The California Assembly is poised to vote on a bill Jan. 31 that aims to create a single-payer healthcare system in the state — the bill's first major battle since a funding proposal for the program was introduced Jan. 6 — according to KTVU FOX 2.
The state's plan to create a universal healthcare system involves two bills — AB 1400 and ACA 11 — that would implement and subsequently fund the program, dubbed CalCare. The Assembly is expected to only vote on AB 1400 on Jan. 31.
The Assembly must pass the bill Jan. 31 if it hopes to pass the single-payer framework bill by the end of the year. If the bill passes in the Assembly, it would then need approval in the Senate and from voters.
The plan is being met with public pressure that believes the system would "create a new and exorbitantly expensive government bureaucracy." Lawmaker opposition also largely focuses on the bill's cost, which would be between $314 billion and $391 billion annually, according to KTVU. The bill's funding counterpart, ACA 11, proposes to pay for it with a tax increase on businesses and high-earning individuals.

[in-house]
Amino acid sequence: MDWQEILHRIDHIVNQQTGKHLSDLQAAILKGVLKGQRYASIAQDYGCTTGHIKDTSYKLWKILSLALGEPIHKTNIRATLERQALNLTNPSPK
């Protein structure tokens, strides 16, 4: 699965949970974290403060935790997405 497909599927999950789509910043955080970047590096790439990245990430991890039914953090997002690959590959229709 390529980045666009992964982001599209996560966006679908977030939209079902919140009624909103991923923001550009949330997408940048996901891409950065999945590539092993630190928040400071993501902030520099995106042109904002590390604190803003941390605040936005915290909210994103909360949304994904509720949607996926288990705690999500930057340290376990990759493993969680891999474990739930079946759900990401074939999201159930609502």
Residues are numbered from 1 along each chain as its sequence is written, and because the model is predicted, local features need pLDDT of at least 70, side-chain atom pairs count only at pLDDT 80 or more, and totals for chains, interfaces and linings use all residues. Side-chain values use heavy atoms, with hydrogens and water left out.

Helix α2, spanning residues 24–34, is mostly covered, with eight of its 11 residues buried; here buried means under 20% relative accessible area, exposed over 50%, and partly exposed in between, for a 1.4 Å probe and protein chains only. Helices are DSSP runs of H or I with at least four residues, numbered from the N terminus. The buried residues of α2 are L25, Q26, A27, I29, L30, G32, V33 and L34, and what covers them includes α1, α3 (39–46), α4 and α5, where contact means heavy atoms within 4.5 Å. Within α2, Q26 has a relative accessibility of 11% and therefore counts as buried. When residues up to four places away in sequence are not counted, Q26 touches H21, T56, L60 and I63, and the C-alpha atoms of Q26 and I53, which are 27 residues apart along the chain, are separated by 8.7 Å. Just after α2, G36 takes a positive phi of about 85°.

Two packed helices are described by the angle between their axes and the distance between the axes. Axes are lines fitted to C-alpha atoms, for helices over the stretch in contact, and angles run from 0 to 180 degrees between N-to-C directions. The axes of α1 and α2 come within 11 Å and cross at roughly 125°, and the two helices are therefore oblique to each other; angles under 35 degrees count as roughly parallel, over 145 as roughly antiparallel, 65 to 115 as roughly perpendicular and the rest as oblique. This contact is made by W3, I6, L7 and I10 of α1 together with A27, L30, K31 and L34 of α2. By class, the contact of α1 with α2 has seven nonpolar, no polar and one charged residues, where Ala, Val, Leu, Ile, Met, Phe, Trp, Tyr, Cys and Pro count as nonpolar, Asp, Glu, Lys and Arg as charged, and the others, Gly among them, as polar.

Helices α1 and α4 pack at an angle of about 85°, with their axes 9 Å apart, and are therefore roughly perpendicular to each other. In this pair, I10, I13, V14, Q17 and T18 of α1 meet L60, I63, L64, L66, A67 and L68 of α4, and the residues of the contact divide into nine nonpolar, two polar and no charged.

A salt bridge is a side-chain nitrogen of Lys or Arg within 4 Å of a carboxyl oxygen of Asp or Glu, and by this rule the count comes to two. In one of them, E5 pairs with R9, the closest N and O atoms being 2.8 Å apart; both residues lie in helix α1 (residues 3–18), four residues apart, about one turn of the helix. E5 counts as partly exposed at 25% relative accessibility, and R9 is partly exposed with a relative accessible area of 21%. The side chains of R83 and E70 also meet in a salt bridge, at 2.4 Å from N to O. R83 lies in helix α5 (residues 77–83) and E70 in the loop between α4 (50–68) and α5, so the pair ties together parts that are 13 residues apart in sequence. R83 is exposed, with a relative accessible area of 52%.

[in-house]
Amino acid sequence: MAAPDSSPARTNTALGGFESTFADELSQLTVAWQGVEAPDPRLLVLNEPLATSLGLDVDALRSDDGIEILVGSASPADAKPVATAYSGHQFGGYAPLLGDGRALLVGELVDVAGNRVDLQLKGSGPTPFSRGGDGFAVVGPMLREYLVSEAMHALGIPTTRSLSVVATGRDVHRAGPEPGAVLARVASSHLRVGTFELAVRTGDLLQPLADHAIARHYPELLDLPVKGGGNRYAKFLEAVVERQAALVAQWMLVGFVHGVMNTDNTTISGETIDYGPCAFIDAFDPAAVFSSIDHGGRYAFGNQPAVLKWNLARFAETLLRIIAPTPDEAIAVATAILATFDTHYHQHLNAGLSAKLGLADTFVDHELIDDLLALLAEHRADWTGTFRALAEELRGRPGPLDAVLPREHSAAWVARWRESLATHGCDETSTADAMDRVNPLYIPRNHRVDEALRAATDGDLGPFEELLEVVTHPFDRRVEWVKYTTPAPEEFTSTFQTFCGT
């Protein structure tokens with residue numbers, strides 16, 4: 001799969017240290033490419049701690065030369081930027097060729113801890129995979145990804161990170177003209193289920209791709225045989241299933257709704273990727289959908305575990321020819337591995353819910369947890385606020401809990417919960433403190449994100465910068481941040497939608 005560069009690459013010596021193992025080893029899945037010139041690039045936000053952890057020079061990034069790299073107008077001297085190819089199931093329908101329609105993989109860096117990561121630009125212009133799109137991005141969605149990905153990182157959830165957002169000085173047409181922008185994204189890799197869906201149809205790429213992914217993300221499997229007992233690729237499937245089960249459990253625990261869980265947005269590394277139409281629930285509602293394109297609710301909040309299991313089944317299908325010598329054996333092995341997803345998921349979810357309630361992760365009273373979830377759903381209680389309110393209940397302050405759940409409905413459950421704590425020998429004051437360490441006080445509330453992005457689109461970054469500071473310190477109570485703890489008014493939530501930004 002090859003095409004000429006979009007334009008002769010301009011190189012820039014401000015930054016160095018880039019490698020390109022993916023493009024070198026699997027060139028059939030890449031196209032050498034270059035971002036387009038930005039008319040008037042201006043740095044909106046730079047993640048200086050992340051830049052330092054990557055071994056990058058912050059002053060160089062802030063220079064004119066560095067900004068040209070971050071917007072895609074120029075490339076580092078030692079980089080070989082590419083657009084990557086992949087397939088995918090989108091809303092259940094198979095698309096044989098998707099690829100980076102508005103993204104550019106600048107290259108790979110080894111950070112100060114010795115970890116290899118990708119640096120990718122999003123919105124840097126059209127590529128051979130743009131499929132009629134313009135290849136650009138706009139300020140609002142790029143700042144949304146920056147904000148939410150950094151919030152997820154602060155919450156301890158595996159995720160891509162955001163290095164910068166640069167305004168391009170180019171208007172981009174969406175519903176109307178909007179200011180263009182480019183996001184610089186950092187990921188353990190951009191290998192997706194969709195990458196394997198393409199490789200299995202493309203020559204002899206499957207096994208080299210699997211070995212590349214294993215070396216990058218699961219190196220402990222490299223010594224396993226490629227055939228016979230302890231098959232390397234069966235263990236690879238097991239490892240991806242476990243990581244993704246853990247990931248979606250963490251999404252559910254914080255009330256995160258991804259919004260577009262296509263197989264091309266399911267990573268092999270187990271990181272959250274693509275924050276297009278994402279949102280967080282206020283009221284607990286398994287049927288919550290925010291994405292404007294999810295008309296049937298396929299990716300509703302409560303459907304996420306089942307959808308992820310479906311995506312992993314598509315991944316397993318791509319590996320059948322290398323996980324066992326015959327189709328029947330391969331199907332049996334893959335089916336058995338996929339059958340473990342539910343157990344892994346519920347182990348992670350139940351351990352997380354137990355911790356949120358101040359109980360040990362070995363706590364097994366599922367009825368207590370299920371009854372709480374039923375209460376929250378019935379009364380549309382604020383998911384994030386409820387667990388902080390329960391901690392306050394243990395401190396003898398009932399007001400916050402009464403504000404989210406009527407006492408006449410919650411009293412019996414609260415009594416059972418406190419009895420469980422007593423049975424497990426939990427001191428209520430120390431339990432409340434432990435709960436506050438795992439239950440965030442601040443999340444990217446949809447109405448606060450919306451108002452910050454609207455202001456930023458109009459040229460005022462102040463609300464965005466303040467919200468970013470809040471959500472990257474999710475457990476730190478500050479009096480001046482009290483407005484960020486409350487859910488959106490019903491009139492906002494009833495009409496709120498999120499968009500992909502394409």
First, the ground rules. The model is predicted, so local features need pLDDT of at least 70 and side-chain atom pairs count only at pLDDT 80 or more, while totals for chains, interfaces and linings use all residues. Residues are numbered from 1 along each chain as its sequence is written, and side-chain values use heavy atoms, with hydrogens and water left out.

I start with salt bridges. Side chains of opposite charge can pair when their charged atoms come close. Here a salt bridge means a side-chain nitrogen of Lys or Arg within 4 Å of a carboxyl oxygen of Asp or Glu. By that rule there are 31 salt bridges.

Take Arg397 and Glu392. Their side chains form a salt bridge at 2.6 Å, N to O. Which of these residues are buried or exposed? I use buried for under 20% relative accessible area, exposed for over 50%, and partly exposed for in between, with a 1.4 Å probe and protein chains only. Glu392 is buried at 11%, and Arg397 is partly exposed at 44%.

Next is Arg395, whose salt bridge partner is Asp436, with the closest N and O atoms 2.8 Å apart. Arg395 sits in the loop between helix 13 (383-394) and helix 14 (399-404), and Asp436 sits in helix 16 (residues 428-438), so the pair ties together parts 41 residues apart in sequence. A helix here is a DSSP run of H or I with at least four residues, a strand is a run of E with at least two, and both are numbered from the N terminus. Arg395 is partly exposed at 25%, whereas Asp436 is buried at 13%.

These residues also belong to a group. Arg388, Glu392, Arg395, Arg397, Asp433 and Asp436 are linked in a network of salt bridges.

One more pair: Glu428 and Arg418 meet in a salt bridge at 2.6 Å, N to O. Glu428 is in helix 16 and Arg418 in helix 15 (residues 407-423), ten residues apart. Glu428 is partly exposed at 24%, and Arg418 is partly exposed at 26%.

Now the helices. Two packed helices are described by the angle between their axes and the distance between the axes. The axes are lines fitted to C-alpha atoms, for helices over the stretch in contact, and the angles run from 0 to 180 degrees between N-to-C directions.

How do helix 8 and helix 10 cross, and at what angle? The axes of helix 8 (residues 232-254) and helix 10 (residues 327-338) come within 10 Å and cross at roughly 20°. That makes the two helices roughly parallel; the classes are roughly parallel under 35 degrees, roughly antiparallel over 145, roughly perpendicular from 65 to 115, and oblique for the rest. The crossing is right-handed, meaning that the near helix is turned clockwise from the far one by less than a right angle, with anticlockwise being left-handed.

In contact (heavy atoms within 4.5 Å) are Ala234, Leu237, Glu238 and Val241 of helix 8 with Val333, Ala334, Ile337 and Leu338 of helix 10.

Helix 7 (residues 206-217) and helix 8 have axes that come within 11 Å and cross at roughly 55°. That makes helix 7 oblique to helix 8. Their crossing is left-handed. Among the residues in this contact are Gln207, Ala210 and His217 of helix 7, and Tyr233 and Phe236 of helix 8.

However, proponents argue that CalCare would cost less than the state's current system, which equates to $517 billion when considering both taxes and household spending.